Recent economic conditions in those countries, as well as what Homeland Security Secretary Alejandro Mayorkas described as misinformation about the Biden administration’s willingness to take in Haitians, have triggered many to seek protections in the U.S.

When DHS has previously monitored caravans of migrants headed to the U.S. border in large numbers, there has been a two to three-week lag between their departure and their arrival. But many of the recently arrived Haitians took buses through Mexico, expediting their arrival and increasing their numbers.

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CIA director’s team member reported Havana Syndrome symptoms during India trip



A CIA official reported symptoms consistent with so-called Havana Syndrome, a mysterious affliction that has struck diplomats, spies and other government workers at home and abroad, two sources familiar with the matter told NBC News on Monday.

The unidentified employee was traveling with CIA director Bill Burns during a trip to India this month. The employee was immediately tested as part of a protocol the CIA has established to deal with the mysterious brain symptoms typically associated with Havana Syndrome and is receiving medical treatment, the sources said.

The incident was first reported by CNN.

This is the latest reported case of a U.S. government employee reporting symptoms associated with the mysterious ailment. Havana Syndrome first came into public view in 2017 after U.S. diplomats and other government workers stationed in Cuba reported feeling unusual physical sensations after hearing strange high- and low-pitched sounds. U.S. government employees have also reported cases while in China and the Washington, D.C. area.

In late August, at least two U.S. diplomats were medically evacuated from Vietnam after Havana Syndrome incidents were reported in the capital city of Hanoi ahead of Vice President Kamala Harris’ arrival.

“The health and well-being of American public servants is of paramount importance to the administration, and we take extremely seriously any report by our personnel of an anomalous health incident,” a senior administration official said Monday night. “It is a top priority for the U.S. government to determine the cause of these incidents as quickly as possible and that we ensure any affected individuals get the care they need.”

Many people who have experienced Havana Syndrome report experiencing vertigo, dizziness, fatigue, nausea and intense headaches. Some describe it as being hit by an invisible blast wave. Some have no longer been able to work.

The India incident has raised questions about whether a foreign adversary had intentionally targeted the CIA director’s staff, but the sources said the agency is unclear what exactly could have caused the incident. The case is one of a number of new incidents in recent months involving CIA personnel who experienced what U.S. officials call “anomalous health incidents,” the sources said.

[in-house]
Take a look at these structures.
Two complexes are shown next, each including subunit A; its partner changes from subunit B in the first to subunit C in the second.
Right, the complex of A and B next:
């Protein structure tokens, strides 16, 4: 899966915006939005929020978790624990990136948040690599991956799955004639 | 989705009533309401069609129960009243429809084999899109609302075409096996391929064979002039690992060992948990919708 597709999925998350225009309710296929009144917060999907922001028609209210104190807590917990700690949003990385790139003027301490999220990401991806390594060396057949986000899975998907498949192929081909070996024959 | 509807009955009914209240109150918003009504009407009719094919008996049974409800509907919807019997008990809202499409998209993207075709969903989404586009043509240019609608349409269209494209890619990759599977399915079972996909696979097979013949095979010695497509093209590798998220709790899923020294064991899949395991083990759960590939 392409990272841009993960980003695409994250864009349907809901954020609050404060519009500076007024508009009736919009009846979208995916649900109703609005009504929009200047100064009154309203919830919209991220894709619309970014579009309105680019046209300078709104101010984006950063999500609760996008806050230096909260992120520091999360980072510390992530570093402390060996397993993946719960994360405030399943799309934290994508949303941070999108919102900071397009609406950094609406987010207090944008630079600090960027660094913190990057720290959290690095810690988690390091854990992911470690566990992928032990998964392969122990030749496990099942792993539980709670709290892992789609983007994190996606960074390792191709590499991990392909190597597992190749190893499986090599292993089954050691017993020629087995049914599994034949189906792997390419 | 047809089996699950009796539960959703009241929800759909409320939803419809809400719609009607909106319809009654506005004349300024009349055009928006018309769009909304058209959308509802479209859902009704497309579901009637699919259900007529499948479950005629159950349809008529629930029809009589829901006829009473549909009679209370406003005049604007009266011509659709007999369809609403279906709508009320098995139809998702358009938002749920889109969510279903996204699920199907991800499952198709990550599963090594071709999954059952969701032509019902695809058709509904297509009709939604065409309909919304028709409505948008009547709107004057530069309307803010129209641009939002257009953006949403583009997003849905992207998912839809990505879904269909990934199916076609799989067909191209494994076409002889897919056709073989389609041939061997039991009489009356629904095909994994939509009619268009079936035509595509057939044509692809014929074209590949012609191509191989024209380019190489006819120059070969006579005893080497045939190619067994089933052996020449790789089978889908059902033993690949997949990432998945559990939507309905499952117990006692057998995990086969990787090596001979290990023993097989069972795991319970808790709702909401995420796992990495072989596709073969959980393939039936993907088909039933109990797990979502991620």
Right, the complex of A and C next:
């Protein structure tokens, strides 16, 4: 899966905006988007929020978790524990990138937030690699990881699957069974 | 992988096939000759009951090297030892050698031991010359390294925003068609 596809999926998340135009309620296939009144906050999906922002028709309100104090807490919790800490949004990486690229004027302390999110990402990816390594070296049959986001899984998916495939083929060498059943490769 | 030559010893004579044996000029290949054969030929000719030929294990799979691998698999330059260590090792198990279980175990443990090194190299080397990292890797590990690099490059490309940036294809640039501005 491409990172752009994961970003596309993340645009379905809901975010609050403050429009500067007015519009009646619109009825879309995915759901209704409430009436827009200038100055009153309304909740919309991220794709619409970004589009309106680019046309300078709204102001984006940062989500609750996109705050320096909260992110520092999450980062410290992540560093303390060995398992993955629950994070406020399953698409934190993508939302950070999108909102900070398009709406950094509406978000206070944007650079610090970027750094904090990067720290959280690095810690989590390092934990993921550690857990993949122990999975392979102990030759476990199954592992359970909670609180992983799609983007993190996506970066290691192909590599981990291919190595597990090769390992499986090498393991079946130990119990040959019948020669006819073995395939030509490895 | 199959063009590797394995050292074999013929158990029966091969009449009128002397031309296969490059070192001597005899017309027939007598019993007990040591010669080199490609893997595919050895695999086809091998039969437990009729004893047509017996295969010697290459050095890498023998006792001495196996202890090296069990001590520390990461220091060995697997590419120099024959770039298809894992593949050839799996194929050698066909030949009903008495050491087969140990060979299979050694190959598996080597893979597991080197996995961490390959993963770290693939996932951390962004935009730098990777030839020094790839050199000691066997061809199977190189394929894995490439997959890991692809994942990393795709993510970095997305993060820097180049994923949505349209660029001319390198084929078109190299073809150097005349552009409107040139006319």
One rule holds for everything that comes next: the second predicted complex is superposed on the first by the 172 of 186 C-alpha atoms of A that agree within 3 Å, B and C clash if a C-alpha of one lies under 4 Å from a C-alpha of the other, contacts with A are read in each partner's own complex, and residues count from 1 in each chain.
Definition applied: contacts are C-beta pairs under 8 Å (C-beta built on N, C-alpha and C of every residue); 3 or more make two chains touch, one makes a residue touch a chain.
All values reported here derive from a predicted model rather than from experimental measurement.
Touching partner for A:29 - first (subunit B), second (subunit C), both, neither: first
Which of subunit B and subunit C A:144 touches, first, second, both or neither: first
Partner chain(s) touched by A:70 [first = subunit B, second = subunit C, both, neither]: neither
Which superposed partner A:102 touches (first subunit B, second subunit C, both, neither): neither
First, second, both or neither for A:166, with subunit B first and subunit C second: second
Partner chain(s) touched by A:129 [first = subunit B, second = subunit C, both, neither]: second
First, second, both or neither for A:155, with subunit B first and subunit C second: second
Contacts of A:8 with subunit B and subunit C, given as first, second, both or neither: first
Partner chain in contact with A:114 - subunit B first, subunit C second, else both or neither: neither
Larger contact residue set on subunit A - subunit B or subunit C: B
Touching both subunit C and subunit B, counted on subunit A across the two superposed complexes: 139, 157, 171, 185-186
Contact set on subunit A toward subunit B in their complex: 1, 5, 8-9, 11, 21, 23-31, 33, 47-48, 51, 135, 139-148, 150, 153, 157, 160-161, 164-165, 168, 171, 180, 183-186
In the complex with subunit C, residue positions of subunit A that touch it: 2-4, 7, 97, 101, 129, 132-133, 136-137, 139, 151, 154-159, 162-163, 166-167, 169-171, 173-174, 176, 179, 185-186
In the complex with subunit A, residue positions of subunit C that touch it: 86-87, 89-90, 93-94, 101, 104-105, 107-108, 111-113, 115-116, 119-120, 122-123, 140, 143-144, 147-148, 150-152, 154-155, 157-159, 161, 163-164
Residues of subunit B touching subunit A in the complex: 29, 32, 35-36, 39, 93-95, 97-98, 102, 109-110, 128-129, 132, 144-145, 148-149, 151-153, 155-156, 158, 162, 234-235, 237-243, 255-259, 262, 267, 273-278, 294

A CIA spokeswoman declined to confirm the case in India but said the U.S. government and the agency are taking every incident seriously.

“Director Burns has made it a top priority to ensure officers get the care they need and that we get to the bottom of this,” the spokeswoman said. “We’ve strengthened efforts to determine the origins of the incidents, including assembling a team of our very best experts — bringing an intensity and expertise to this issue akin to our efforts to find Bin Ladin.”

The spokeswoman added that a panel of experts has been convened from across intelligence agencies “to work collectively to increase our understanding of the possible mechanisms that could be causing [anomalous health incidents].”

Many U.S. officials suspect the incidents, which have caused permanent brain injuries in some victims, are a result of an attack or surveillance operation by Russian spies, but the evidence is inconclusive.

The National Academies of Sciences said in a report last year the most likely cause of the injuries was directed microwave energy, but that conclusion is being debated in the scientific community.

Last week, deputy CIA director David Cohen said the agency is getting closer to solving the mystery, but there are limitations.

“In terms of have we gotten closer, I think the answer is yes — but not close enough to make analytic judgment that people are waiting for,” he said.

Josh Lederman contributed.

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Boris Johnson tells jab-sceptic Brazilian President to get 'great' AstraZeneca vaccine



BORIS JOHNSON has told the jab-sceptic Brazilian President Jair Bolsonaro to get a dose of the “great” Anglo-Swedish AstraZeneca vaccine.